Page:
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Some (most) malware needs a way to contact its master (the "C&C" as "Command and Control" -- a military expression). This can be to exfiltrate some confidential data that was plundered from the affected system, or, possibly, to obtain fresh information from the C&C, e.g. more commands to execute on the target. Most of the time, the malware wishes to ...


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It depends on what do you want to achieve: to hide the information that is being sent between the processes or the fact that they are communicating. If your goal is only to obtain confidentiality you can encrypt the information that is being sent between two or more processes. Prior to this you need to some background information on IPC(on both windows and ...


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You can look first at what STUN is. Afterwards, you can use a library and try it out. From the rfc: Applicability Statement This protocol is not a cure-all for the problems associated with NAT. It does not enable incoming TCP connections through NAT. It allows incoming UDP packets through NAT, but only through a subset of ...


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How to diagnose if you are under a brute scan or a targeted attack? If you have the possibility to do so, keep free a specific public @IP within your network. Register it correctly on the DNS as a typical name for a web server. But don't attribute this @IP to any real machine within your network. I mean don't go as far as to create a honey pot, just create ...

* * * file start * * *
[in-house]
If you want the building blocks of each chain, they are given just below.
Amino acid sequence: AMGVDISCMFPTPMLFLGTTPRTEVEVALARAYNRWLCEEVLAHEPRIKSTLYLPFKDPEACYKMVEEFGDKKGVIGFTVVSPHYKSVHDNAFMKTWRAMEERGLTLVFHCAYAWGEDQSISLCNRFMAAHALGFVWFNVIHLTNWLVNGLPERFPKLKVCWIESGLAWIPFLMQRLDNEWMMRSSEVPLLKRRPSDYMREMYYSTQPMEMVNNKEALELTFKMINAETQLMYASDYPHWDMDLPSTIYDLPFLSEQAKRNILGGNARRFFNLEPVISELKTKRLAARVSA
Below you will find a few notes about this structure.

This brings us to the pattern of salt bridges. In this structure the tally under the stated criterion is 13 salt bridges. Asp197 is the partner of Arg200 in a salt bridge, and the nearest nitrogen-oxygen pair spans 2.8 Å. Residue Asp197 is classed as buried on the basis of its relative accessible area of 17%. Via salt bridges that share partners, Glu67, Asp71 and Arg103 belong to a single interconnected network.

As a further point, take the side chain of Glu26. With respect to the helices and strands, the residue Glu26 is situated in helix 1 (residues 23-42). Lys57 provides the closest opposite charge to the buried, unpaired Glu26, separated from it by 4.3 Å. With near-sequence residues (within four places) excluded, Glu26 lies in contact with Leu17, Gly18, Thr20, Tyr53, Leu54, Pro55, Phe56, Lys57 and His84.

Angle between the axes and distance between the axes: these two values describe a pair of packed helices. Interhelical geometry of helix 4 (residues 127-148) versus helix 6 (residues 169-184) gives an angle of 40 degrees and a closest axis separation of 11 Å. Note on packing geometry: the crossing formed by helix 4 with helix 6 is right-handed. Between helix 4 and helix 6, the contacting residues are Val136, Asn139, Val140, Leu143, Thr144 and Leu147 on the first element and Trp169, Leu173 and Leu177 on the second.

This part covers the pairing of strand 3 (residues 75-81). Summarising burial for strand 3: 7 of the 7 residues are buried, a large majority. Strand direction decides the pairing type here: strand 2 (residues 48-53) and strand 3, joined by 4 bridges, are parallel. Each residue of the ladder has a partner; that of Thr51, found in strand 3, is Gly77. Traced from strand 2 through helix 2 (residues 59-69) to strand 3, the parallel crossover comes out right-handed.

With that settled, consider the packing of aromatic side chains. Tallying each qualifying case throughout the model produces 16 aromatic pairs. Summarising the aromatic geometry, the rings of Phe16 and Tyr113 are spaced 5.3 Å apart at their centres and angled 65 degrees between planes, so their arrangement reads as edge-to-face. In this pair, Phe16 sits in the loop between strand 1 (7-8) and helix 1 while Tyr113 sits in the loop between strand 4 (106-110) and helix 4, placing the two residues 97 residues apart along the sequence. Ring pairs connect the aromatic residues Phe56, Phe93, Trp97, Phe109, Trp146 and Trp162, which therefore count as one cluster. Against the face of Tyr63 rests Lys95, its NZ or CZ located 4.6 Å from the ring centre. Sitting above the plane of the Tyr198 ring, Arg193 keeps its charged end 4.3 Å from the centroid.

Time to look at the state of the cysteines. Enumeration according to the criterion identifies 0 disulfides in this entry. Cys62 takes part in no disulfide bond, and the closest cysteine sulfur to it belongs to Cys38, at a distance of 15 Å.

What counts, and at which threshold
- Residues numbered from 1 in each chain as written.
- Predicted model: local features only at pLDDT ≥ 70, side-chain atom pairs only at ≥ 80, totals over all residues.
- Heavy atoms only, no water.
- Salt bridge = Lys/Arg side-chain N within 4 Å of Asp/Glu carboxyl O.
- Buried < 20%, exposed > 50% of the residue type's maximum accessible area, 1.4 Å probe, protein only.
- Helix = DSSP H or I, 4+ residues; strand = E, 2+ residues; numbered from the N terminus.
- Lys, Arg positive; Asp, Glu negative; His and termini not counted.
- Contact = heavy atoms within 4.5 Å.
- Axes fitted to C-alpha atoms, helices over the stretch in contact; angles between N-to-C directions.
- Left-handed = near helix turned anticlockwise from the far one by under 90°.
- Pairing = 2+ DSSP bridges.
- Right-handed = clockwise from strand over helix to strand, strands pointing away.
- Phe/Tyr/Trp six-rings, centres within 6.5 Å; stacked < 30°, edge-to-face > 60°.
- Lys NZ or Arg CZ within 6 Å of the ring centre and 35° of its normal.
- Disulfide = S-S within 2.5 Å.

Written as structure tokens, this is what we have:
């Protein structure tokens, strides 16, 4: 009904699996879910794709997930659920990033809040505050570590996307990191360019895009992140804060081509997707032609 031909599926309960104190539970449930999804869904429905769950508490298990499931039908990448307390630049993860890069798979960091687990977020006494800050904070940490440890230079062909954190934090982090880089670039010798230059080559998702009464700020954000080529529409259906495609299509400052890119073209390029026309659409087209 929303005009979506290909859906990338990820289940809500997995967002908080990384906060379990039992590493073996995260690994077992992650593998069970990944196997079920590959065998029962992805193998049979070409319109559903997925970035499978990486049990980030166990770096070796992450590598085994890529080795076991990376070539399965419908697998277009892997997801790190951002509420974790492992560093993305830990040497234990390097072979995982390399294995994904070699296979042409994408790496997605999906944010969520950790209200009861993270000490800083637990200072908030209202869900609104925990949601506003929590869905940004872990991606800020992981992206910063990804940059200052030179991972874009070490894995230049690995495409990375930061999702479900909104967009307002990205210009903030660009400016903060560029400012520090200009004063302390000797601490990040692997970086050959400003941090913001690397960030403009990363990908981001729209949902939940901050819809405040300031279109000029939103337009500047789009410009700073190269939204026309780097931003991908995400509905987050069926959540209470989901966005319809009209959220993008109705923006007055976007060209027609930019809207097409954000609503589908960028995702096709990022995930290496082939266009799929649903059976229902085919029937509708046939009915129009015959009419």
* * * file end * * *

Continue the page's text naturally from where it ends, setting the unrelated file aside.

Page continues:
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It is difficult to know whether you are being targeted specifically. It is very likely that you are getting hit with automated scans that can be ignored as long as you have configured your firewall to block all incoming traffic. Phishing attacks and outbound connections to malicious sites are much more serious as they are more likely to succeed. Here is a ...


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Being hit hundreds or thousands of times per day is completely normal, and I wouldn't worry about it at all. There are a few major sources of suspicious traffic: Automated scanners. A number of organizations "map" the Internet and produce a ton of traffic. They do so more or less randomly. I've gotten a lot of traffic on ports 80 and 443 despite not ...


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I found the origin. Both Answers have given me the right indications to go on. With ProcessExplorer i picked the right svchost process (the same PID) and opened the TCP/IP tab, with wireshark i waited for the request, as it was sent, the TCP/IP tab from ProcessExplorer showed me the service wich was trying to establish a connection: BITS Service (Background ...


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Let's see what we know about this code: It is obfuscated You didn't put it there So it is malicious beyond reasonable doubt.


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Yes it can. PDF is a rich format that aside form static content, can contain dynamic elements. The latter can for example contain JavaScript, and other elements. Modern PDF viewers tend to warn the user about potential malicious activity though. If you want an example malware, check out pidief. And generally PDF malware will predominantly be just the ...


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Go to sysinternals and install a trace tool. Record 20m of activity and locate that request. Then go back to the orign of that request.